There are many serious side effects to the erosion of trust.


I mentioned Laurie Oakes’ speech this year. In 2011 he said that trust in journalism is “central to the operation of our democracy.”

He expanded on it in September, alarmed by new national security laws.

An alarm shared by top investigative reporter Ross Coulthart in an address on Press Freedom this year.

These laws are deeply worrying, and demand our attention.

Admittedly, I don’t spend a lot of time fussing about metadata. But I do operate in the space of family law.

And I am deeply concerned about domestic violence and crimes against children and the constant battle to tell these stories.

As I was writing this speech during a few days off last week I took a harrowing call.

A mother had watched as her 12-year-old mentally ill son was dragged out of the family home by his estranged father.

The distraught mother tried to shield her other children as her ex beat the child senseless in a park across the road. The father only stopped when he was tasered by police. He was out on bail within 24 hours.

We all know cases like these. But they take a toll on us at The Weekly because they are so common.

I recently interviewed nine prominent women and – unprompted – four of them admitted being victims of domestic violence.

Please do not doubt the statistics. It really is one in three women who are victims of family violence.

And my contention is that some legislation, and a culture of suppression orders designed to protect our children, is doing more harm than good.

It is a shameful fact that tens of thousands of kids are condemned to misery in this country.

Fifty thousand are in the foster system, many rotating through ten different homes.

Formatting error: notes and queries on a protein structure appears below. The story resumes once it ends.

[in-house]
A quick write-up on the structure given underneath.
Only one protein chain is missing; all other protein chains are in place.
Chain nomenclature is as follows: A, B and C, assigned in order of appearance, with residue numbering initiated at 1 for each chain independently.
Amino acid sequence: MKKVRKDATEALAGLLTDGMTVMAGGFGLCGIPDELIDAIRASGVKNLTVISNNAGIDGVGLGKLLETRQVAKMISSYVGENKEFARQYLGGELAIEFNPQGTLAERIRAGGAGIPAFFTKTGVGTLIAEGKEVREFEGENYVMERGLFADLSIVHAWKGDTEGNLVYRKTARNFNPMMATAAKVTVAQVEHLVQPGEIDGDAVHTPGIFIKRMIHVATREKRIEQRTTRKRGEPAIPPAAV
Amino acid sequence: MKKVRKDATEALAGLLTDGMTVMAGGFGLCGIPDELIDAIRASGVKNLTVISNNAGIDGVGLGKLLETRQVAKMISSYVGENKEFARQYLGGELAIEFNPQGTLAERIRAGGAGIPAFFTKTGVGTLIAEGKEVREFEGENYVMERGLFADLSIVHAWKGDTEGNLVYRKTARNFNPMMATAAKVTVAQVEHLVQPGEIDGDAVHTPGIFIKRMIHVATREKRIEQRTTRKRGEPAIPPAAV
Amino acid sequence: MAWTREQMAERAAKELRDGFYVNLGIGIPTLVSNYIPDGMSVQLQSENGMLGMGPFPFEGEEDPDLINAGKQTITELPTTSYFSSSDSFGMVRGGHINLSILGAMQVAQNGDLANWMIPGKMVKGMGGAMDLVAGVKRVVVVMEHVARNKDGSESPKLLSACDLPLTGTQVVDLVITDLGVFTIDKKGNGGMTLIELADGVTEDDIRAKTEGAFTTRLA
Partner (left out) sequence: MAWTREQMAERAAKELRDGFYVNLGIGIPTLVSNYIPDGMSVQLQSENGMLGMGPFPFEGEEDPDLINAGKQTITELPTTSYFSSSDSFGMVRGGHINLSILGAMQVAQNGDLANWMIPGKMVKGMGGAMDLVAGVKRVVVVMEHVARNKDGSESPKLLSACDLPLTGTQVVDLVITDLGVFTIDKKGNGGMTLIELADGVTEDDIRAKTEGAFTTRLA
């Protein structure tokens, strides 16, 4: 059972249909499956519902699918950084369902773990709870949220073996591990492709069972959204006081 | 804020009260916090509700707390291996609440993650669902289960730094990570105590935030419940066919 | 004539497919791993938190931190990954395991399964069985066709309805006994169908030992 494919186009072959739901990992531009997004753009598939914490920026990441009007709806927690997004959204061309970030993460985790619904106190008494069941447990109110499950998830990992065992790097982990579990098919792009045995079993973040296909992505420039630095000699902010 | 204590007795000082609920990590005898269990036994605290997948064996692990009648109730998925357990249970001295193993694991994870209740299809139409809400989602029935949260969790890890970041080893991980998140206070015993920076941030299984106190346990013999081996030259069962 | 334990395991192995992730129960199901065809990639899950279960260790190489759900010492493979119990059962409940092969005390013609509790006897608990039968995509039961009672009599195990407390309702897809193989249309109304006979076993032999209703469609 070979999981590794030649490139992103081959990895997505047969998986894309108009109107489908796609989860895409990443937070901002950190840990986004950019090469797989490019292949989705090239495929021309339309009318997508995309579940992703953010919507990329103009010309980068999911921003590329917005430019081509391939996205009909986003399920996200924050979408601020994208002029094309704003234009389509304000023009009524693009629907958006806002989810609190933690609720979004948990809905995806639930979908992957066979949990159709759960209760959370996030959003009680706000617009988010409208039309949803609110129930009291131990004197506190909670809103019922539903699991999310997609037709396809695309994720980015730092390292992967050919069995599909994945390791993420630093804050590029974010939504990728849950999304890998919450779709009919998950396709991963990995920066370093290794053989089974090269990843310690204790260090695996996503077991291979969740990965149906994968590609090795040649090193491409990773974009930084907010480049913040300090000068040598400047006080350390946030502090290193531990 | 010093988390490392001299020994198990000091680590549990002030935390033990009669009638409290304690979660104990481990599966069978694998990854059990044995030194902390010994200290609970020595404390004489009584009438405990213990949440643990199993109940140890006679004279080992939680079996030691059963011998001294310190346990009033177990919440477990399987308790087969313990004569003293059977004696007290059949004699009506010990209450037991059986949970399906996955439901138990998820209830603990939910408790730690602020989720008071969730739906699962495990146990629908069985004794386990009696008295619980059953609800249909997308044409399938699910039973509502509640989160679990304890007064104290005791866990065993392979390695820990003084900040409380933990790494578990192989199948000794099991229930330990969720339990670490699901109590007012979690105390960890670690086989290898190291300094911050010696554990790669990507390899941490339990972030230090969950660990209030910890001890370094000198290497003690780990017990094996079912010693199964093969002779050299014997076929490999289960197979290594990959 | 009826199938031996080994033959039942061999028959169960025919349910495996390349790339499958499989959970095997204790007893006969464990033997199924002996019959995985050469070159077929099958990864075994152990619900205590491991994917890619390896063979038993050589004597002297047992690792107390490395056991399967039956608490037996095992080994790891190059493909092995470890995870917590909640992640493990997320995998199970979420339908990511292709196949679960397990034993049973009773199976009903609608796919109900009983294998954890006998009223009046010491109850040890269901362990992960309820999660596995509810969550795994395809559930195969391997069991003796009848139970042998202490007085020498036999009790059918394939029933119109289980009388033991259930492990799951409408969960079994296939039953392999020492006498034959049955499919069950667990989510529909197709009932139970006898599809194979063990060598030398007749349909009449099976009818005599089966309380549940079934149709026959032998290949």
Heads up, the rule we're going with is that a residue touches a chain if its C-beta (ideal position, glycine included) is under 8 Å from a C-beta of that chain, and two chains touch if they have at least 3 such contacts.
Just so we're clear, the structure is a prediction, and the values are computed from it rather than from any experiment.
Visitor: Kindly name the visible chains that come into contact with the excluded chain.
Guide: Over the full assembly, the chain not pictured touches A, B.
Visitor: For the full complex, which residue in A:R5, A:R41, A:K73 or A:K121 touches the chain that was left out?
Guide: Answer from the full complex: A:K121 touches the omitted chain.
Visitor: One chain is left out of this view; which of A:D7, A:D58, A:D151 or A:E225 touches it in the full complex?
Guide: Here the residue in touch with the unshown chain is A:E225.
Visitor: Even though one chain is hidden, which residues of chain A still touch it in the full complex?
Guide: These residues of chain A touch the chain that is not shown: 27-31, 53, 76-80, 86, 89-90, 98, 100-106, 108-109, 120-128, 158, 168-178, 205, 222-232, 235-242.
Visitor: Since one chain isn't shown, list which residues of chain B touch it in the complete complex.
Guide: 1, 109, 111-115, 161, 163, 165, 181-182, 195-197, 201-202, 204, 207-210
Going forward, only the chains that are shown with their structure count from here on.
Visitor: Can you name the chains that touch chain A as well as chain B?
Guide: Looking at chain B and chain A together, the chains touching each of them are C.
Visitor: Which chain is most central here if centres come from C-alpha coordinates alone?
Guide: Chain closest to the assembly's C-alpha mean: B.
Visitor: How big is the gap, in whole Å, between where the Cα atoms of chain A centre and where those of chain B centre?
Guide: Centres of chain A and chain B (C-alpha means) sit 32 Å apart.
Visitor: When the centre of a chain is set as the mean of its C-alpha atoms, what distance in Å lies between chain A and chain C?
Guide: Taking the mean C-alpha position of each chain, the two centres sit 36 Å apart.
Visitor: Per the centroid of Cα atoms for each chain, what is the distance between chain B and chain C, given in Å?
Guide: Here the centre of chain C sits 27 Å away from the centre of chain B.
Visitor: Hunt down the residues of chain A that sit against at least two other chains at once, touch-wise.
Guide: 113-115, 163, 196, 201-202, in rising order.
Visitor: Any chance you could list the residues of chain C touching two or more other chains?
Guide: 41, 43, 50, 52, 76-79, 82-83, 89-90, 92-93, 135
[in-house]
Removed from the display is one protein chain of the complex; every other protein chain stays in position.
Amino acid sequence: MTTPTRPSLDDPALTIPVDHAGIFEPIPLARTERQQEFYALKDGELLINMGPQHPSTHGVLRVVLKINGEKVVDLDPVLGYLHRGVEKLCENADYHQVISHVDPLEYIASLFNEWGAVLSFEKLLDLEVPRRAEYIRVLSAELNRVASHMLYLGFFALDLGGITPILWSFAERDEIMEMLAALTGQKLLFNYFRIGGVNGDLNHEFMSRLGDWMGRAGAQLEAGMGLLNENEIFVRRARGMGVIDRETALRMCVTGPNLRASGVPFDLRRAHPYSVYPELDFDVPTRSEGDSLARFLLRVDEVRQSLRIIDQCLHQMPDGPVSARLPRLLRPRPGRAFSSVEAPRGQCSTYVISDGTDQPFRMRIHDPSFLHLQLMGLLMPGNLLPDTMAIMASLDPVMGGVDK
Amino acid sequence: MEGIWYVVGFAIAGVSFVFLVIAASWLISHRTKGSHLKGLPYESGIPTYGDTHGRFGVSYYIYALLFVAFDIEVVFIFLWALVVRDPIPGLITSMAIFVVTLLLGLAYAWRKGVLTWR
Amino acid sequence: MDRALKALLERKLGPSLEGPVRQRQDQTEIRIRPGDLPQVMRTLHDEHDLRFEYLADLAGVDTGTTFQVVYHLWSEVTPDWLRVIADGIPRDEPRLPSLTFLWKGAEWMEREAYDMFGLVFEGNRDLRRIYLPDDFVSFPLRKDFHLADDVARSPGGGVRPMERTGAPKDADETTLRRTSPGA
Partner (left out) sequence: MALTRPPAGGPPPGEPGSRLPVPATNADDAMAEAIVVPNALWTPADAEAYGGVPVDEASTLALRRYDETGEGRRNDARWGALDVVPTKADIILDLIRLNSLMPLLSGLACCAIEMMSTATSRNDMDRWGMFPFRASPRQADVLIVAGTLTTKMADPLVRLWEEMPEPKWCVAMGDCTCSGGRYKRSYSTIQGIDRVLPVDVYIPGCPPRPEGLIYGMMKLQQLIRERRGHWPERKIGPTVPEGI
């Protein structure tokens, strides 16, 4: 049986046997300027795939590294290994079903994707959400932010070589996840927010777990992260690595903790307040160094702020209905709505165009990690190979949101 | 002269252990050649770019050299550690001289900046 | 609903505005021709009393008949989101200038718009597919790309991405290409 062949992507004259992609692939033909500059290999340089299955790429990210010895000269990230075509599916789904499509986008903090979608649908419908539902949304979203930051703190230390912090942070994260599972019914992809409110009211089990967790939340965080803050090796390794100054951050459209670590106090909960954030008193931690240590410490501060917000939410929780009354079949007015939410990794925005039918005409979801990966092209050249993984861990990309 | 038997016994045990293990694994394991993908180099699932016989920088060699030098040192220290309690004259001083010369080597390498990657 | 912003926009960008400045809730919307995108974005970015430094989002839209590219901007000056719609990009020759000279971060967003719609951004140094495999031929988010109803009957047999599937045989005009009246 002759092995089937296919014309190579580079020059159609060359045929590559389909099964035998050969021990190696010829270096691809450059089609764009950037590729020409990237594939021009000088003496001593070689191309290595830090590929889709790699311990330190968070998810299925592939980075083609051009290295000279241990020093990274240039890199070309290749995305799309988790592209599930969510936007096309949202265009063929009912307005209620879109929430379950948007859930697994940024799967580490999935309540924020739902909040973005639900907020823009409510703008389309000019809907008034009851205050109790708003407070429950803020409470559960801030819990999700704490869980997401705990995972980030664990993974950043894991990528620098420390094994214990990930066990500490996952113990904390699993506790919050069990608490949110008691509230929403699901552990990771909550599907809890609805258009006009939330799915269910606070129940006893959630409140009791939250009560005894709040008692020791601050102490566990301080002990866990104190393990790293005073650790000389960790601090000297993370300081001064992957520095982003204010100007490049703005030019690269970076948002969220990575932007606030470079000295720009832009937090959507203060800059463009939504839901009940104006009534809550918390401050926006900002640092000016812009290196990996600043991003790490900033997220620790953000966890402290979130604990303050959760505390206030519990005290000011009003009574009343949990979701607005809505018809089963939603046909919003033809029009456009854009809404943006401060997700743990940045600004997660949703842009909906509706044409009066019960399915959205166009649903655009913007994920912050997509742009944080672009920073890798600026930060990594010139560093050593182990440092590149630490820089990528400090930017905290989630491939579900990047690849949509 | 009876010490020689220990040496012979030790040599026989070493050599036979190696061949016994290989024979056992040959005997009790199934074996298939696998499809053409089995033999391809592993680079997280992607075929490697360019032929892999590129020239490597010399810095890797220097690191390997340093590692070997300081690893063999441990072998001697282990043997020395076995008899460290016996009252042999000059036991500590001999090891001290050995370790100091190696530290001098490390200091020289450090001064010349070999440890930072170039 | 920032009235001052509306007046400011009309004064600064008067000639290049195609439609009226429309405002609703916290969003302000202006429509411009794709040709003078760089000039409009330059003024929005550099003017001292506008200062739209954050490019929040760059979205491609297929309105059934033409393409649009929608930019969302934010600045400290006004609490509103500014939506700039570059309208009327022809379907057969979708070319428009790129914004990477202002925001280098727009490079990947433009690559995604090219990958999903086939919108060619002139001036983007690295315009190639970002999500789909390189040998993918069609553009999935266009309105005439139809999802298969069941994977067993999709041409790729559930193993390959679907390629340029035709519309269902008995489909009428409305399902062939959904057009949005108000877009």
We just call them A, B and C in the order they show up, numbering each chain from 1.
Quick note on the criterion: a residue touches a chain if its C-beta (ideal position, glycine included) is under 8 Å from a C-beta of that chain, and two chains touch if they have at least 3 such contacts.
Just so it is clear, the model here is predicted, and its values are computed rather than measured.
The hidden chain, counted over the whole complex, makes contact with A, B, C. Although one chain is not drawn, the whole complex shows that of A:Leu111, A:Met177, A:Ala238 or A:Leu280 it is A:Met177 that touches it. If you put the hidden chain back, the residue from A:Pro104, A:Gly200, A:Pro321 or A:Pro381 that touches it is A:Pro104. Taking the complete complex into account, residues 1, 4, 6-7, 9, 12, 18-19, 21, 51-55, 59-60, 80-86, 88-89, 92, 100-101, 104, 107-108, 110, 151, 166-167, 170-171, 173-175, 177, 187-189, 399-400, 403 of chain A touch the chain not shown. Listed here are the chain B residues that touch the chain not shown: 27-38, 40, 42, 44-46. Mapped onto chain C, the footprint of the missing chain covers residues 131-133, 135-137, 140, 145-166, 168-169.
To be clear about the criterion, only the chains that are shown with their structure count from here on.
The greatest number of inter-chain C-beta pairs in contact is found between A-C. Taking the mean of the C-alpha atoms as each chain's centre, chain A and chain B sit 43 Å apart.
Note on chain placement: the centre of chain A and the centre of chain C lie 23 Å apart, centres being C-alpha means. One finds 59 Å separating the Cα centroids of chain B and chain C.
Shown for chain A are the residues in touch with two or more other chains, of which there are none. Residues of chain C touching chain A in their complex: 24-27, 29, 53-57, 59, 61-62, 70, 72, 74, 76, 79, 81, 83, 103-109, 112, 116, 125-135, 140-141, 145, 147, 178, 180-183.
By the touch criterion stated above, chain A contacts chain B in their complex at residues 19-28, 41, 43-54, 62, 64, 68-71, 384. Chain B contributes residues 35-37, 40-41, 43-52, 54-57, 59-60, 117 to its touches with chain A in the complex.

But there is an intricate web of laws that makes many stories hard to tell, but none more so than in New South Wales.

As Caroline Overington said in a 2009 speech: “When a child dies in NSW, you can’t name the parents. You can’t name the siblings. You can’t use any photographs. You can’t give away the address. You can’t say anything that would identify the child… even if the child is dead.”

So if Luke Batty had died in NSW, we could not publish his name or photograph. We could not name Rosie Batty.

All the important work she has done over the past 12 months would have been done anonymously or, as is more likely, wouldn’t have been done at all.

Look, I don’t have the answers. And I am all for protecting children who are already victims, but the NSW laws, in particular, are crazy.

Pixelated faces and redacted names are significant barriers to storytelling.

I share Caroline’s conclusion: the only people these laws end up protecting are the people who kill children.

And yet when the media unites to fight for change, we lose.

To achieve change, we need the public onside. And to achieve that, they need to trust us.

So, what have we done, and what has worked?


There are two audiences in magazines. One will always be drawn to celebrities; for the escapism or the voyeurism. But there is another, desperately bored by celebrities, and increasingly agitating for different types of stories. This is what, for the want of a better term, I call the ‘non-celebrity celebrity’.